A processor-based system includes a non-volatile memory module having a non-volatile memory buffer coupled to at least one non-volatile memory device, such as a flash memory device. The non-volatile memory module is coupled to a processor through a dynamic random access memory (“DRAM”) memory buffer controller, which is also coupled to at least one DRAM module, each of which includes a memory buffer coupled to a plurality of DRAM devices. Therefore, the non-volatile memory module is located in the processor-based system at the same hierarchical level as the DRAM modules. The non-volatile memory module may be the first in a series of memory modules connected to the DRAM memory buffer controller, and the buffer in the non-volatile memory module may independently transfer data stored in the non-volatile memory devices to the DRAM devices in the other modules. The non-volatile memory buffer may include a DRAM-to-non-volatile memory converter operable to convert the DRAM memory requests to non-volatile memory requests, which are then applied to the non-volatile memory devices. The non-volatile memory buffer may also include a state machine operated by a microcontroller to generate timed signals at a sufficient rate to allow the non-volatile memory devices to operate at their maximum operating speed.
A computer system 10 according to one example of the invention is shown in
The first two memory modules 30 a,b each include a respective advanced memory buffer (“AMB”) 38 that is coupled to a plurality of dynamic random access memory (“DRAM”) devices 40. The AMB 38 is a conventional device that receives high-level memory requests from the controller 24, stores the memory requests until they can be executed, and then generates and applies corresponding address, control and write data signals to the DRAM devices 40. In the event the memory request is a read request, the AMB 38 can also receive and store the data read from the DRAM devices 40 until the memory buffer controller 24 can receive the read data. The AMB 38 then transmits the read data to the memory buffer controller 24. The AMB 38 also serves as a path for coupling commands, addresses and write data from the memory buffer controller 24 to a “downstream” memory module 30, and for coupling read data from a downstream memory module to the memory buffer controller 24. For example, when a command and address for a memory request are received by the AMB 38 in the module 30 a, the AMB 38 first determines if the request if for one of the DRAMs 40 in the module 40 a. If not, the AMB 38 passes the command and address to the AMB 38 in the memory module 30 b.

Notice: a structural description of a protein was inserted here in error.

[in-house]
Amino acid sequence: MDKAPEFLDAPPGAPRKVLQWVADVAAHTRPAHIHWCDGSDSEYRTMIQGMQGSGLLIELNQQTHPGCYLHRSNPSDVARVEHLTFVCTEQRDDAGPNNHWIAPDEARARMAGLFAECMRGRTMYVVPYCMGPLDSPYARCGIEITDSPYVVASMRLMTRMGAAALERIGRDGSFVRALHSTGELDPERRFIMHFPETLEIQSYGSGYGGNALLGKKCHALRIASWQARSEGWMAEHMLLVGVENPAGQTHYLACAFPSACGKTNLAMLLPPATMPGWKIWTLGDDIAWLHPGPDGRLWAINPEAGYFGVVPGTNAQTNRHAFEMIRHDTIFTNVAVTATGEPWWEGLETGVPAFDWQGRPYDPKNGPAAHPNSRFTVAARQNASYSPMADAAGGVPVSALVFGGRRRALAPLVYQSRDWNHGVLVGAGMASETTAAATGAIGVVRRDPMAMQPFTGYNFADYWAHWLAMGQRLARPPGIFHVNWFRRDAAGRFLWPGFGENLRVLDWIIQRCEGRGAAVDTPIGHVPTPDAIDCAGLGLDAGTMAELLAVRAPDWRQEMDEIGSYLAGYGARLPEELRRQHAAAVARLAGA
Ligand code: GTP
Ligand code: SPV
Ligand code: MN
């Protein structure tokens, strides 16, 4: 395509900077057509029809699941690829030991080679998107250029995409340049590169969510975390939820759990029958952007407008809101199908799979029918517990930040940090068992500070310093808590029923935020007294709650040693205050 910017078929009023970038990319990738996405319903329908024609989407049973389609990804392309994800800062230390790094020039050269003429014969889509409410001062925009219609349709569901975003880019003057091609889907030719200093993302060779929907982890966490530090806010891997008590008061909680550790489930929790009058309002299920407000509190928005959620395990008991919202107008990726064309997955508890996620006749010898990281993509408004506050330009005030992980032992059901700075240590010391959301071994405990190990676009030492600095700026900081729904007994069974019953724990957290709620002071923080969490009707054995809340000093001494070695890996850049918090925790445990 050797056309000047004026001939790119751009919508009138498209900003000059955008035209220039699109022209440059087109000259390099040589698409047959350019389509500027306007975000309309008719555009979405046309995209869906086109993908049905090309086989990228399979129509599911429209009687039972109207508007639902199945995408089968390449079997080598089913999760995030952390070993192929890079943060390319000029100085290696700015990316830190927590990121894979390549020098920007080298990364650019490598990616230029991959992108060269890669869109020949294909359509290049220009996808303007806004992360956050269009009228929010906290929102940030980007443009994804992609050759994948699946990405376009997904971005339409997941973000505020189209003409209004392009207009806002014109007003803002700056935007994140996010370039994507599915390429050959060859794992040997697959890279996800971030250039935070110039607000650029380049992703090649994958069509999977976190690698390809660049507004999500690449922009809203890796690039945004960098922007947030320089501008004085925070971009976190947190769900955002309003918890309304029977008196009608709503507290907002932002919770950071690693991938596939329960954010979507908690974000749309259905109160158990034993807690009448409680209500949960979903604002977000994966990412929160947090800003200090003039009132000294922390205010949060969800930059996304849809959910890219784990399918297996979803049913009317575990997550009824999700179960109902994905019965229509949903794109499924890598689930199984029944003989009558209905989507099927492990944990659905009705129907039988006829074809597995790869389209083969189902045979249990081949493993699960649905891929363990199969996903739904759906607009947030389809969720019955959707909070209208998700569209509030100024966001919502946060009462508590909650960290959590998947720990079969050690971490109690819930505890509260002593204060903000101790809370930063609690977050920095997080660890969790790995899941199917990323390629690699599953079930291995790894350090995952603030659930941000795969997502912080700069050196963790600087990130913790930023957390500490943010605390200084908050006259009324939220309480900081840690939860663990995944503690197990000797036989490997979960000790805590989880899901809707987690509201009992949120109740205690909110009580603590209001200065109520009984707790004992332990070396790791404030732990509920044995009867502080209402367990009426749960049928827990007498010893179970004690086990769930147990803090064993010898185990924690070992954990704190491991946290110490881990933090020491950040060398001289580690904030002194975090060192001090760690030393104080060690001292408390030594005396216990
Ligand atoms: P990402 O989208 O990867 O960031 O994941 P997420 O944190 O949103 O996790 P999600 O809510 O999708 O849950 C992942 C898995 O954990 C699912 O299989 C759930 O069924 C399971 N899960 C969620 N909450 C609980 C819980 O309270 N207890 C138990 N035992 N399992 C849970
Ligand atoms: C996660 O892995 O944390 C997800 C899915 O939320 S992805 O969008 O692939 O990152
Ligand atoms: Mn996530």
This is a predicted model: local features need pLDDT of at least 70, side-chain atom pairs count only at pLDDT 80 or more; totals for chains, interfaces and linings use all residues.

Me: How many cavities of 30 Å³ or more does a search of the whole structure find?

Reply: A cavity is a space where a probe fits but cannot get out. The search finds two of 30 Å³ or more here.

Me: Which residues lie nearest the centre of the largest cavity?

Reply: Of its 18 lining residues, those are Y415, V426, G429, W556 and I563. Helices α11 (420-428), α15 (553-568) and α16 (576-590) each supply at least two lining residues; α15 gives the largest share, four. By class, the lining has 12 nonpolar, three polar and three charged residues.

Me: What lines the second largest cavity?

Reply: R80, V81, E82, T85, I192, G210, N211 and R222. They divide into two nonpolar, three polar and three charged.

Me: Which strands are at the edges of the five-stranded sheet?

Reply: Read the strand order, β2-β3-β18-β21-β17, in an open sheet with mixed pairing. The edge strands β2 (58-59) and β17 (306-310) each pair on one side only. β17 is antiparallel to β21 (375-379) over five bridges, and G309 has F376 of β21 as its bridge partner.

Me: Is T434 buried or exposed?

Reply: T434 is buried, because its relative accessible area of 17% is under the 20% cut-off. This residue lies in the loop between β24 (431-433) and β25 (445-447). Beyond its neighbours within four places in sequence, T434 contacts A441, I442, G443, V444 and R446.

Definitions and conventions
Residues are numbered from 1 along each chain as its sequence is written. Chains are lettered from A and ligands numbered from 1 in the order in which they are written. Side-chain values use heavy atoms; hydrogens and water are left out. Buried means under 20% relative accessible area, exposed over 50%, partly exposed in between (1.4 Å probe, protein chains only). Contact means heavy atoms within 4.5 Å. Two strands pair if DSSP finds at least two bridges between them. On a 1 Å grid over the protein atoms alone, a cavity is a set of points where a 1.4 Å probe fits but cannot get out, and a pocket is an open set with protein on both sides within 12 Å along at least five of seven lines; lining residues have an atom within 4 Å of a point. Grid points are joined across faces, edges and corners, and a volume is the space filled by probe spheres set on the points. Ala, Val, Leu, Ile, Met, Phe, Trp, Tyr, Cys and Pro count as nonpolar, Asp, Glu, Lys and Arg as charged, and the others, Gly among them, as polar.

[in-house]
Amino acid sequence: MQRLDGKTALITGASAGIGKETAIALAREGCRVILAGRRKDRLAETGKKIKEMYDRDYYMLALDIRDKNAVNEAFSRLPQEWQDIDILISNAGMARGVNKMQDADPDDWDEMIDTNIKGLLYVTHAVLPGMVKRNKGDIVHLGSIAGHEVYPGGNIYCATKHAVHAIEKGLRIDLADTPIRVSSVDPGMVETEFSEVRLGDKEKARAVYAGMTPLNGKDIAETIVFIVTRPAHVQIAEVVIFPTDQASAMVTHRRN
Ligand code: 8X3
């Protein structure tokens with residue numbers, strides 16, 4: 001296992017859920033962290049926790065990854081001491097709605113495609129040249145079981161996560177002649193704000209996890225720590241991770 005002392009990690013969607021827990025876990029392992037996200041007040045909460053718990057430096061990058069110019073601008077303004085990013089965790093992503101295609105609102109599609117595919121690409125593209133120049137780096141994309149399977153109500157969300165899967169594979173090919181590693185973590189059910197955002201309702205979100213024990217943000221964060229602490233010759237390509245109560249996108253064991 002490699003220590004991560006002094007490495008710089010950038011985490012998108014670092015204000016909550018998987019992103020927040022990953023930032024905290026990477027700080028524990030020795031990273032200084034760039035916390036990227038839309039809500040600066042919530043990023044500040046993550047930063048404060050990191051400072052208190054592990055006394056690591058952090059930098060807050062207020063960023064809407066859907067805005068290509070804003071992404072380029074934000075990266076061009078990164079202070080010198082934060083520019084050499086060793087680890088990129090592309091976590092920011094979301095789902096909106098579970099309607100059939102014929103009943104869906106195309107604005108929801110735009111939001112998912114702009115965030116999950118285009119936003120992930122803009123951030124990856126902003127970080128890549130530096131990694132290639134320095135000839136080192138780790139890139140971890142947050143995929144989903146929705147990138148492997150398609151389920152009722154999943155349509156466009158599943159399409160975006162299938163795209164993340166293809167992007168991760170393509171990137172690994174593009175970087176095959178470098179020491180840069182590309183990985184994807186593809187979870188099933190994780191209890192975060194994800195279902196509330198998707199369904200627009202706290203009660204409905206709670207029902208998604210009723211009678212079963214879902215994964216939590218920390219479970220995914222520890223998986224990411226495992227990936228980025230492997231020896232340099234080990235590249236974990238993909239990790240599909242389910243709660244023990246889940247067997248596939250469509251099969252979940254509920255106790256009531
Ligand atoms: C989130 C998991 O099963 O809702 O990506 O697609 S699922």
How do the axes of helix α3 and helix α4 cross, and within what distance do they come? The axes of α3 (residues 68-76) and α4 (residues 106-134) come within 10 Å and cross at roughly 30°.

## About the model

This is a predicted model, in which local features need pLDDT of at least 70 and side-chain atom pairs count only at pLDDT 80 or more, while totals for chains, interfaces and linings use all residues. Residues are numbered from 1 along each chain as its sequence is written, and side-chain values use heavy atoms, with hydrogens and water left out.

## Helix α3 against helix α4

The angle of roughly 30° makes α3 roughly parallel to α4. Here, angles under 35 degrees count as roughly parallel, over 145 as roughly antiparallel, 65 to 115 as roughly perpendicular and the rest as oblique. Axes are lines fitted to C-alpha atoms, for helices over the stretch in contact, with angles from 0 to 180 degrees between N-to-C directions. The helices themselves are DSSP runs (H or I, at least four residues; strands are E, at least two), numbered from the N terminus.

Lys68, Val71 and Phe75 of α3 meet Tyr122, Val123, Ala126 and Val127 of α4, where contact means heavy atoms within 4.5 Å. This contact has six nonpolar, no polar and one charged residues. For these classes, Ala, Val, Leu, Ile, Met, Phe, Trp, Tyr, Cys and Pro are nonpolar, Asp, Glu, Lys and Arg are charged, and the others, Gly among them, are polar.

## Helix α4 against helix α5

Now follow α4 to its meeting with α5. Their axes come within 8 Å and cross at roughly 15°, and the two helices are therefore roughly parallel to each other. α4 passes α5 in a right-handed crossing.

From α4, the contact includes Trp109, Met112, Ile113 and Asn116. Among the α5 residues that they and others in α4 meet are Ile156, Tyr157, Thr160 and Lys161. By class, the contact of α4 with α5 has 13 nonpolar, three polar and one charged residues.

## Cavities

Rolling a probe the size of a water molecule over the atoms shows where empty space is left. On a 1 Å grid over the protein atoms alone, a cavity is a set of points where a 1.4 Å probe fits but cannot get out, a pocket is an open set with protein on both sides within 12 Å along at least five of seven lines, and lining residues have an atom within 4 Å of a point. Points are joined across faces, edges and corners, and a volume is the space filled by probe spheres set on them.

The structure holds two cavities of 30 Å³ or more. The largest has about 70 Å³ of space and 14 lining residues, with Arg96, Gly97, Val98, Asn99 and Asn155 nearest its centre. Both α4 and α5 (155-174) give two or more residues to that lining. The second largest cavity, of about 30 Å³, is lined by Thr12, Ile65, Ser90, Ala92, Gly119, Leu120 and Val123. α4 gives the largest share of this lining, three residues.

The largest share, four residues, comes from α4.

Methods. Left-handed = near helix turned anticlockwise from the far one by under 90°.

According to one example of the invention, the third memory module 30 c includes a non-volatile advanced memory buffer 44 coupled to non-volatile memory, such as a plurality of NAND flash memory devices 48. The buffer 44 may be similar to a conventional flash memory controller, and it is able to generate flash memory control and address signals from the high-level memory requests from the memory buffer controller 24. However, the high-level memory requests received by the buffer 44 are not of the type typically received by a conventional flash memory controller. Instead, the non-volatile advanced memory buffer 44 receives serialized DRAM protocol signals and converts them to flash memory protocol signals. The flash memory devices 48 perform all or some of the functions performed by conventional non-volatile memory devices used in hard disk drives. However, since the flash memory devices 48 are at the same hierarchical level as the system memory DRAM devices 40, the performance and cost disadvantages of the conventional approach are avoided. Although the computer system 10 of
With further reference to
In the computer system 10 illustrated in
A computer system 70 according to another example of the invention is shown in
An example of a non-volatile advanced memory buffer 100 that can be used as the non-volatile advanced memory buffer 44 in the computer systems 10, 70 is shown in